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May 20, 2013 | by  | in News |
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Celebrations in Varying Degrees

Although Victoria had its biggest graduation last week, with more than 2100 students in caps and gowns, a recent report shows that over a third of all students are still not finishing their degrees.

Provisional data in the 2012 Annual Report released by Victoria University shows that only 66.6 per cent of all students have successfully completed their degrees, while only 58.2 per cent of Māori and 52.7 per cent of Pasifika students have ticked the graduated box.

But in the last year, there has been a push from the Government to improve student outcomes.

At the beginning of 2012, Minister for Tertiary Education, Skills and Employment Steven Joyce announced that the Government would contribute $115 million annually to Student Achievement Component funding (SAC) to tertiary institutions for the direct cost of teaching and learning.

However, tertiary institutions’ access to funding relies on their levels of student performance; for example, the number of students who successfully complete courses and EFTS units.

VUWSA President Rory McCourt acknowledged that there was room for improvement, but said the University had increased its rates of study completion over the last few years and was performing better than other institutions around the country. McCourt said the students’ association is “really proud” of the continual increases in Victoria’s completion rates, especially among Māori and Pasifika students.

“There’s always more we can do to lift the numbers of students who make it through, like building strong support services and the University embracing feedback from our 700-plus Class Reps,” he said.

Vice-Chancellor Pat Walsh was also celebrating the outgoing graduates’ success, saying that graduation was a time to “celebrate the culmination of months, or years, of study, dedication and effort.”

“With their diverse range of skills and attributes, our graduates make a valuable contribution to New Zealand’s economy and society, and I wish them every success for their future endeavours,” he said.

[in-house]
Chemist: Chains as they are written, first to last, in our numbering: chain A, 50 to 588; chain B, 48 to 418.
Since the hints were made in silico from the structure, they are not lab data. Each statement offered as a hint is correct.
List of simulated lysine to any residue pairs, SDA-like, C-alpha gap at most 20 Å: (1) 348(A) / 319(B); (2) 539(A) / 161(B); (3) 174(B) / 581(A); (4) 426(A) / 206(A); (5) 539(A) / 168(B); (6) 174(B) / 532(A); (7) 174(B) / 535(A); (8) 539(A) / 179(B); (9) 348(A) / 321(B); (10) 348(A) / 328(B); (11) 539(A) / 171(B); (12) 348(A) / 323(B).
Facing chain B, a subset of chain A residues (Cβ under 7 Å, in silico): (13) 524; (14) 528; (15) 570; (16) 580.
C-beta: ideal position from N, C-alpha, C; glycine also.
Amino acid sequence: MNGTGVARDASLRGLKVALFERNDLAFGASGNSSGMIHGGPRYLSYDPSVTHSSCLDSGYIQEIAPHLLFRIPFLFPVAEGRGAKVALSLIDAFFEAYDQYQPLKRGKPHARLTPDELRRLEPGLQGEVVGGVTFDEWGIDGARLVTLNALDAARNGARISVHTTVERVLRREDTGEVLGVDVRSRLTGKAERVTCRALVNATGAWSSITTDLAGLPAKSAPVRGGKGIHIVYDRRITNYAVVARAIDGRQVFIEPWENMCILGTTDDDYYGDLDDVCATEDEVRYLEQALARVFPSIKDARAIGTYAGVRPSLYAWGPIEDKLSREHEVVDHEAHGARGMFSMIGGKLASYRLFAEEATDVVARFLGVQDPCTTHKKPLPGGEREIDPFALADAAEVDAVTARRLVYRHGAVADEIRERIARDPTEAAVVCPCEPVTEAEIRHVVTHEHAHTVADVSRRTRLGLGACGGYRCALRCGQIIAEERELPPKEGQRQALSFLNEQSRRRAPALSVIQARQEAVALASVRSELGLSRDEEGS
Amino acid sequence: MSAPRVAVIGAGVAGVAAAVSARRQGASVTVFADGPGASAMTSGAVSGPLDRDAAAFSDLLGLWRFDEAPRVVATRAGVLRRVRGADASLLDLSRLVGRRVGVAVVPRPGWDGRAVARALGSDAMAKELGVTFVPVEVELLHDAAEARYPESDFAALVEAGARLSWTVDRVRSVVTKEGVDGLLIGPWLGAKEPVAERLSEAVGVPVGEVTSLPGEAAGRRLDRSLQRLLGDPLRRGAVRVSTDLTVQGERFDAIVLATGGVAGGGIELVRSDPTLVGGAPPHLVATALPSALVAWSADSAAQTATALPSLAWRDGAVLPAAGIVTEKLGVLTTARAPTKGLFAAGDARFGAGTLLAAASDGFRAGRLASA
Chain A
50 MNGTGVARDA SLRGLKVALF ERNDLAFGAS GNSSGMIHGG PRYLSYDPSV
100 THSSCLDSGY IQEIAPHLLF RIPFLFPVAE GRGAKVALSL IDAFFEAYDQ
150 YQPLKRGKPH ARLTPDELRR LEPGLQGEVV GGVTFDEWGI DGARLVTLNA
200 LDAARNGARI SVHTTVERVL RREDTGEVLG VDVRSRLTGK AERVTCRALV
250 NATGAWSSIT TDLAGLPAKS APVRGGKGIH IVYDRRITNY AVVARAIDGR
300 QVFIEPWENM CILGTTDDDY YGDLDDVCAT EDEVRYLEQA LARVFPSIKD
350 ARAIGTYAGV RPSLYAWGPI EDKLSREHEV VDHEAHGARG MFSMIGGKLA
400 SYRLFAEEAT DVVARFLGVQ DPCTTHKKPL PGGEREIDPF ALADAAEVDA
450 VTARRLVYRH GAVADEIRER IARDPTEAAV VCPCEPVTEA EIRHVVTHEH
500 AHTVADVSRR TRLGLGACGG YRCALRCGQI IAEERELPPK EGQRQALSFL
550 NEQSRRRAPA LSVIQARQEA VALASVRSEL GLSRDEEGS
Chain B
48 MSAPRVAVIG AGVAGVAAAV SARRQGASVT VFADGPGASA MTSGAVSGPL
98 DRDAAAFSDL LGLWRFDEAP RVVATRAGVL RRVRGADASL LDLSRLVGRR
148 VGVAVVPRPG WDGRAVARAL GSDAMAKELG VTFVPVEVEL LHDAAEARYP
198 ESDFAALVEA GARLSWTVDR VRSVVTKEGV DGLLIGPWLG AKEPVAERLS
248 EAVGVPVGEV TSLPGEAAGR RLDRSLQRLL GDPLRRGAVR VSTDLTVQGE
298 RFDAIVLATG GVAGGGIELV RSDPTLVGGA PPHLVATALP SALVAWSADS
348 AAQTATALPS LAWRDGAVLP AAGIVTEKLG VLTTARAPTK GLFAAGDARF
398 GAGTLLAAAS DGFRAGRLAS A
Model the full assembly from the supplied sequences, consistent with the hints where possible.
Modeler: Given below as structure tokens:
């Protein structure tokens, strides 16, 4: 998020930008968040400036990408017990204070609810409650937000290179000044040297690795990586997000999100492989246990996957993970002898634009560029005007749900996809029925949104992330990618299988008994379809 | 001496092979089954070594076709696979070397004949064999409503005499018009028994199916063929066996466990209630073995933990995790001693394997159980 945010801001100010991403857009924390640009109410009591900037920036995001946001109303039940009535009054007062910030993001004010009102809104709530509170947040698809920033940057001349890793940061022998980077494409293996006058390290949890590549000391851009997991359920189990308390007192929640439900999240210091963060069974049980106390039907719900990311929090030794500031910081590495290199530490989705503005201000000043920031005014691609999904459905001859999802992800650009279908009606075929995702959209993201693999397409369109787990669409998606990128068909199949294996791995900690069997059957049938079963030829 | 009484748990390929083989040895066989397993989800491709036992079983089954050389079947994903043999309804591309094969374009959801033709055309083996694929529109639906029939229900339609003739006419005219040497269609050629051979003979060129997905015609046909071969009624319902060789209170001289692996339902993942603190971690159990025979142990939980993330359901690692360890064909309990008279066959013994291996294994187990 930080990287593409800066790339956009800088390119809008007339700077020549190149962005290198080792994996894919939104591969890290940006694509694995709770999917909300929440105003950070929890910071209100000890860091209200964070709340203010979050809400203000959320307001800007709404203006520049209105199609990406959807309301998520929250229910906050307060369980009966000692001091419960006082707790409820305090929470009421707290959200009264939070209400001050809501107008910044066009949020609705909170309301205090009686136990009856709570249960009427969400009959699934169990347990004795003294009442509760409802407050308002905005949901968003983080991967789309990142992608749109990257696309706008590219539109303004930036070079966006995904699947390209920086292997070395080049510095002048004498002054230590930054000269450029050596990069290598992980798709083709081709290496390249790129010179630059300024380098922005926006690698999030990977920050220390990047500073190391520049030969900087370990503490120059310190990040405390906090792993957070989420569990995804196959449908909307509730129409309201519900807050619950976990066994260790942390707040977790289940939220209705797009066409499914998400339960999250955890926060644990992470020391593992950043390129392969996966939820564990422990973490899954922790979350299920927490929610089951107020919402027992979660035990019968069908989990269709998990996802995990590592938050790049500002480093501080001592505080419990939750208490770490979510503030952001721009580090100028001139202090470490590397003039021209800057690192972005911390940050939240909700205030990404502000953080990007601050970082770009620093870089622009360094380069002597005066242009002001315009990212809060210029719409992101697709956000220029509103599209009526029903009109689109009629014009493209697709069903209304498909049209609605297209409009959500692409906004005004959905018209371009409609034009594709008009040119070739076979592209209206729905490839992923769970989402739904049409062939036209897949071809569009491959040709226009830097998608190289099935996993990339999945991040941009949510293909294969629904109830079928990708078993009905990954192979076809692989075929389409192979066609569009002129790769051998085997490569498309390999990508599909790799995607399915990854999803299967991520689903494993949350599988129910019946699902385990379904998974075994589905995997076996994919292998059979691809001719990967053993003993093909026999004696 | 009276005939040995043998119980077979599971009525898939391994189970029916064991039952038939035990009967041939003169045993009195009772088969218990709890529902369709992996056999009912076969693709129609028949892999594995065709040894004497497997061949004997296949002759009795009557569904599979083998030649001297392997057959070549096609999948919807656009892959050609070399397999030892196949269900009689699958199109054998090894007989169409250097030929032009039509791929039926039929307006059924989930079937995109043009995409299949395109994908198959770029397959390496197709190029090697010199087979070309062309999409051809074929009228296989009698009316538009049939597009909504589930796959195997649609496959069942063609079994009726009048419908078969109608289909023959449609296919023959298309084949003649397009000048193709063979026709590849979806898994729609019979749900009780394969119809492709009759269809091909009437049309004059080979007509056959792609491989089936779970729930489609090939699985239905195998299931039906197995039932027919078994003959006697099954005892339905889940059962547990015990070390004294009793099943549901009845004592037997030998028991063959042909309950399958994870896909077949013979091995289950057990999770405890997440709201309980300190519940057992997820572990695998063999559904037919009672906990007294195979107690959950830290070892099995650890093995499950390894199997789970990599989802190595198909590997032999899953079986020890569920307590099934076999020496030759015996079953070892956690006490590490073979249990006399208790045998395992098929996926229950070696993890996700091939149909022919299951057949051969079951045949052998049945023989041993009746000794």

Despite poor achievement rates, most students who graduated enjoyed the satisfaction of graduating last week.

Five ceremonies were held at the Michael Fowler Centre last week along with two traditional street parades of staff and graduands who walked from Lambton Quay to Civic Square where they were given the thumbs-up by Mayor Celia Wade-Brown.

The graduation saw 35 PhDs along with 2415 degrees, diplomas and certificates awarded.

For new graduate and Weir House Assistant Head of Hall Rayleen Hirini, graduation was the end of seven years of juggling study, work and motherhood. Seven years ago, Rayleen, 45, had a meeting with the Kaiwaowao (Māori Liasion Officer) who encouraged her in her pursuit to study the Māori language and a Bachelor of Arts in Māori Resource Management.

“It took me seven years’ part-time study while working, and the last four years have been working full-time as Night Manager at Weir House while continuing to study.”

Rayleen plans to continue working at Weir House and then use her degree when she is ready.

Another graduate, 22, who has completed his Bachelor of Arts in Political Science and Media Studies, said the graduation process was great.

“But the University could offer more than one free drink, I guess.”

The next graduation ceremony will be held in December.


Know Ya Academicals

Academic dress generally includes a gown with a separate hood, and usually a square academic cap, tam, or bonnet.

Academic hoods originated in the Middle Ages when leaders sat close to fires, while the plebs sat further away and wore fur. Hence, hoods for undergraduate degrees have fur, while postgraduate degrees have no fur.

As for the crème de la crème of robes, a Doctoral graduate wears the same as a graduate receiving a Masters, except the gown is completely silk, either black or scarlet, with the option to wear a cloth gown.

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